grants, nonprofit development, startup nonprofits, writing

Top 3 Do’s and Don’ts of grant writing

People ask me all the time, “What is the secret to grant writing?”

The truth is, there is no secret! The difference between winning and losing proposals are pretty simple, and here are the top three:

Winning proposals…

1.Answer all the questions!: Writing a successful grant application is actually more of an exercise in careful reading rather than writing, as the number one reason grant applications are not funded is for failure to answer all of the questions adequately and appropriately.

2. Use data: Don’t just say you do something, or prove it! Use data rather than fluffy language to convey the impacts and successes of your program, as well as justify the need.

3. Follow the rules: If the grant guidelines say to use 12-point font Times New Roman, use 12-point font Times New Roman. If only PDFs are allowed, submit PDFs. If their maximum award amount is $10,000, don’t request more than $12,000. This really comes back to number one above – read carefully to ensure you have done everything the funder says, exactly as they want it. And be sure to also follow the rules of proper writing, grammar, and citations. NO typos!

While seemingly simple, following these three rules will help ensure that your grant application does not go directly to the ‘no’ pile. From there, funders will have the opportunity to read about your innovative ideas, and see how valuable your work is!

 

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grants, nonprofit development

Submitting an online grant application? Read this first

Submitting an online grant application-

 

It is Thursday night at 11:50pm. You are furiously uploading all the required documents into a funder’s online grant system to submit by 11:59pm – the deadline. Suddenly your cat jumps up on the desktop to come sit in your lap, but turns off your computer with his paw on the way up. You frantically turn the computer back on, begging it – “Come on, please still be there, please still be there!”

CRAP!

Only the first part of a 15 part application was autosaved. It is now 11:56pm. There is no way you will be able to upload everything in the next three minutes. You give up and go to bed, possibly shedding a tear along the way. Over 20 hours of work in the past month – for nothing! Your only consolation is that there will be another opportunity to submit this application…next year.

The truth is that this is not an uncommon story. Not only is it more stressful to be submitting a grant application close to the deadline, there are more reasons to avoid this common pitfall:

  1. TIMESTAMPS

Oftentimes funders print out grant applications submitted online so each Board member gets a copy. Online grant systems often print a cover page, and the very first item on this cover page is typically a timestamp. So say your cat did not jump up and you were able to submit by 11:58pm. The very first thing funders will see is that you submitted one minute before the deadline. If you can’t get your act together enough to submit early, can you really be trusted with a $1 million grant, as you were requesting? Not to say that submitting close to the deadline would completely count you out, but in today’s extremely competitive grant cycles, there is absolutely no room for anything less than perfection. Funders are inundated with grant applications, and they need something to thin the crowd. Seeing that you submitted very close to the deadline would be an easy way to go directly to the no pile before they even read a word.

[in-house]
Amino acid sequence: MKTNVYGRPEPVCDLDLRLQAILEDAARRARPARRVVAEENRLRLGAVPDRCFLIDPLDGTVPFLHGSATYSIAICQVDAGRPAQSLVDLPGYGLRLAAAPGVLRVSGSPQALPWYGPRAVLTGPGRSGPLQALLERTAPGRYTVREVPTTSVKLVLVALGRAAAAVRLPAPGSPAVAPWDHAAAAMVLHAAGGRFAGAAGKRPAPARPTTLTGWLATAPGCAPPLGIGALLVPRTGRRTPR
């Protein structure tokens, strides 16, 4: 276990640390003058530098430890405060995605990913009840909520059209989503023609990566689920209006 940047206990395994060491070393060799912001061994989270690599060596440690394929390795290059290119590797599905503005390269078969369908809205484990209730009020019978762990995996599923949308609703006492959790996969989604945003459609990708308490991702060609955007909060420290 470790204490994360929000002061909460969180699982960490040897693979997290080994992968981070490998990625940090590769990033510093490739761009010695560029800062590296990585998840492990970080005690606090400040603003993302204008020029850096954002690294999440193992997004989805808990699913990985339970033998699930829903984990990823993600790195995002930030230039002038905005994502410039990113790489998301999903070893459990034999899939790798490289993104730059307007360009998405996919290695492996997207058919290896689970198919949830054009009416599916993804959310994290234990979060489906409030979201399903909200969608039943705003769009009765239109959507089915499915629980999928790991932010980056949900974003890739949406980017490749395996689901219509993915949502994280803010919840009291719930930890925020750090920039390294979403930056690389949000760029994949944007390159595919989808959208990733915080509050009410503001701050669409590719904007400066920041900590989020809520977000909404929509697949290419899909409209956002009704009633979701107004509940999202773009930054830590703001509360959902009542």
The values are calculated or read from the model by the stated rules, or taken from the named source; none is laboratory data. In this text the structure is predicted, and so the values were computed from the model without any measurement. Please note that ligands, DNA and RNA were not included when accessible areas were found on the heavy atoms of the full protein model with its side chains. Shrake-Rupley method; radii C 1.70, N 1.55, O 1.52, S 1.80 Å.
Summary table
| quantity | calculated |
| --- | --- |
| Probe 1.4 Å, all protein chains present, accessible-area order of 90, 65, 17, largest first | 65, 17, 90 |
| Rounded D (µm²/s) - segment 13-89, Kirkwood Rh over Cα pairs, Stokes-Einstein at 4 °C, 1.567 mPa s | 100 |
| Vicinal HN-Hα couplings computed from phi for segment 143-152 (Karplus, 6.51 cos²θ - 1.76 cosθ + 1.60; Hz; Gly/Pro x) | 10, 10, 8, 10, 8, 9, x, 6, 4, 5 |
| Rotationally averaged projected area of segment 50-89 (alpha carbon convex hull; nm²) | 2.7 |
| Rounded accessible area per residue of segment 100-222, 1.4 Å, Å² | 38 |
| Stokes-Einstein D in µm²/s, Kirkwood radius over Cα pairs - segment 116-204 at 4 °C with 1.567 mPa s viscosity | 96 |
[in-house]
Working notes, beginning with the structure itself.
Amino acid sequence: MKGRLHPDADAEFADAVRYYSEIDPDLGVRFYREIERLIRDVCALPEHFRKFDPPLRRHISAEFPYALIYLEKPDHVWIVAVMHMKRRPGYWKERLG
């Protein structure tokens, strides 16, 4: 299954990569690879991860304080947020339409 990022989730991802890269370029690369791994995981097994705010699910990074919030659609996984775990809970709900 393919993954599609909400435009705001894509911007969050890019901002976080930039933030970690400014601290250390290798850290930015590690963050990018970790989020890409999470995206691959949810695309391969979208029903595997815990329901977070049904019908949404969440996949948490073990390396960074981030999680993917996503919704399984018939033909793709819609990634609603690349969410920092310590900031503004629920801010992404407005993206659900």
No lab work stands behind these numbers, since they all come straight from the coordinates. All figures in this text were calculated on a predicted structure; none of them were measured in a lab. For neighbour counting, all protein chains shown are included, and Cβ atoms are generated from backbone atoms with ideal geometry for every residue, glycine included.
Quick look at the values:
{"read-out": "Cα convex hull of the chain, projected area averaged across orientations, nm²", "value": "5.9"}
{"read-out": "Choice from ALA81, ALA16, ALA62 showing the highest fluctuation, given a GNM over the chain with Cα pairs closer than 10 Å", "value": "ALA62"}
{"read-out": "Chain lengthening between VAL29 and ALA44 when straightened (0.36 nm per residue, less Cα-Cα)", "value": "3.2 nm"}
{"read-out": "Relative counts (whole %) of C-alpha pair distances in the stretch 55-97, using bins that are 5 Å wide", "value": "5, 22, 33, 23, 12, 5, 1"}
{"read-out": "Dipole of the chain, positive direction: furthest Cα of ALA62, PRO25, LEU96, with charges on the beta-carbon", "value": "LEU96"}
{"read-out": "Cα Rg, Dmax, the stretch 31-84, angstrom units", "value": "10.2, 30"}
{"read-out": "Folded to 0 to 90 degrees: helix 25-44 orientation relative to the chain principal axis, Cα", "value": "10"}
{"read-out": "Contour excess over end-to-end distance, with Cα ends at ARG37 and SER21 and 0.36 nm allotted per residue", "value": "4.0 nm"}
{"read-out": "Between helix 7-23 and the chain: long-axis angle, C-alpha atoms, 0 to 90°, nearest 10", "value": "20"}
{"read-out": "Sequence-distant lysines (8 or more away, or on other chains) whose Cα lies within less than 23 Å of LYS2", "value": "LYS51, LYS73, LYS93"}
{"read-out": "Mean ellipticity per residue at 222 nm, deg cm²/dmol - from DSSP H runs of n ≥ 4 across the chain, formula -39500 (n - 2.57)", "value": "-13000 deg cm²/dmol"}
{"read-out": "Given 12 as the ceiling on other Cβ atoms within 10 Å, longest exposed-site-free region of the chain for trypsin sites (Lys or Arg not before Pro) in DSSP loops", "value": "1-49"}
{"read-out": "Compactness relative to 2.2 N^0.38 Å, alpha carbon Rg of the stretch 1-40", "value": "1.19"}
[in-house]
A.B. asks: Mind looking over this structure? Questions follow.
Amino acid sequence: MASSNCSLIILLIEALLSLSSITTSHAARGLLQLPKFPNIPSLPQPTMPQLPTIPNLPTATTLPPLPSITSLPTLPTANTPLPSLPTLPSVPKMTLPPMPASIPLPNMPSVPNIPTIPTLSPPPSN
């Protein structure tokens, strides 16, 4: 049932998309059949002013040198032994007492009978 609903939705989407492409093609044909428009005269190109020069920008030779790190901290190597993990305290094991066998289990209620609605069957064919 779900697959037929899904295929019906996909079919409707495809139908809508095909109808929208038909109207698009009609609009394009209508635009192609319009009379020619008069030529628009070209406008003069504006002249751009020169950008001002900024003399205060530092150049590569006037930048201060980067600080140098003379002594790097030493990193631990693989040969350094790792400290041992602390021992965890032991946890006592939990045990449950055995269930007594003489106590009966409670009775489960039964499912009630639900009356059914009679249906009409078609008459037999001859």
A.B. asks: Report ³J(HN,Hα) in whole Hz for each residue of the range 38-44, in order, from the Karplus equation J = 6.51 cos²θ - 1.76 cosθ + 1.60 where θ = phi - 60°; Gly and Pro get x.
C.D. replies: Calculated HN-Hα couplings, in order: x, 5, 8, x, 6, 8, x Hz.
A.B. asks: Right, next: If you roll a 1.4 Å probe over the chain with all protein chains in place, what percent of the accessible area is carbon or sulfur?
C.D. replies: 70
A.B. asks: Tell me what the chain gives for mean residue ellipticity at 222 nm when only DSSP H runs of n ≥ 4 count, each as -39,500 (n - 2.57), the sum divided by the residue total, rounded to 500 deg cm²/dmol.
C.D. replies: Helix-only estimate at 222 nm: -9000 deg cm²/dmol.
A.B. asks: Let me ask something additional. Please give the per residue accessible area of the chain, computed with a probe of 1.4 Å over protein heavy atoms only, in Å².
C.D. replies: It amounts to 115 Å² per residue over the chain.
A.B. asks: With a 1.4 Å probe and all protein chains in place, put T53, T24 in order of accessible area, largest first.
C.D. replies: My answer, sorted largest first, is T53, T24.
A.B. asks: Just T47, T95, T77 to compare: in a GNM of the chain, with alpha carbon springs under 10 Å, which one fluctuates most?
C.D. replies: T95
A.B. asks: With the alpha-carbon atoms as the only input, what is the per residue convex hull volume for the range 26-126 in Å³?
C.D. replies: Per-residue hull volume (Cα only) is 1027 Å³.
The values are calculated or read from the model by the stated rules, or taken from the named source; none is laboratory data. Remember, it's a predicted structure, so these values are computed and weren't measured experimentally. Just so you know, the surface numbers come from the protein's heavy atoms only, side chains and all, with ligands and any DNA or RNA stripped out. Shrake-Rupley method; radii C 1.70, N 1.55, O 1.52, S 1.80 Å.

2. OTHER PROCRASTINATORS

When there are lots of people (procrastinators!) on a website at one time, especially when it comes to grant application systems, those systems sometimes fail. Don’t take the chance – get in the system when it is calm to avoid any issues. I always recommend that clients submit at least two days before the deadline.

3. SYSTEM INCOMPATIBILITIES

Sometimes it takes doing it to realize if something is not going to work. For example, in one grant application system they required PDF documents only, when I had created Word docs. Luckily I had plenty of time to convert all the files and upload them, as there were still a few days to go. But had it been 11:50pm on the deadline date, I would not have had time for this simple fix. I have also heard of browser incompatibilities, difficulties copy/pasting into the application boxes, and the list goes on. By getting in there early, you will be able to address any incompatibilities well before the deadline.

4. RUSHING = SLOPPINESS

You never produce your best work when you are rushed. You make typos, don’t answer the question fully, repeat yourself, and other major grant writing no no’s. By planning to finish your grant writing and application a week before the deadline, you save time to come back to it in a day or two with fresh eyes to ensure all the i’s are dotted and t’s are crossed. Again, there is no room for error, so your narrative and all associated documents must be perfect.

 

While it is true that some people cannot complete work unless a hard deadline is looming, massive amounts of stress, anxiety, and eventual heartache can easily be avoided with some simple planning when it comes to grant deadlines. As they say, those who fail to plan can plan to fail! Stay tuned for my next post where I will explain how to make a simple plan and never miss a grant deadline again!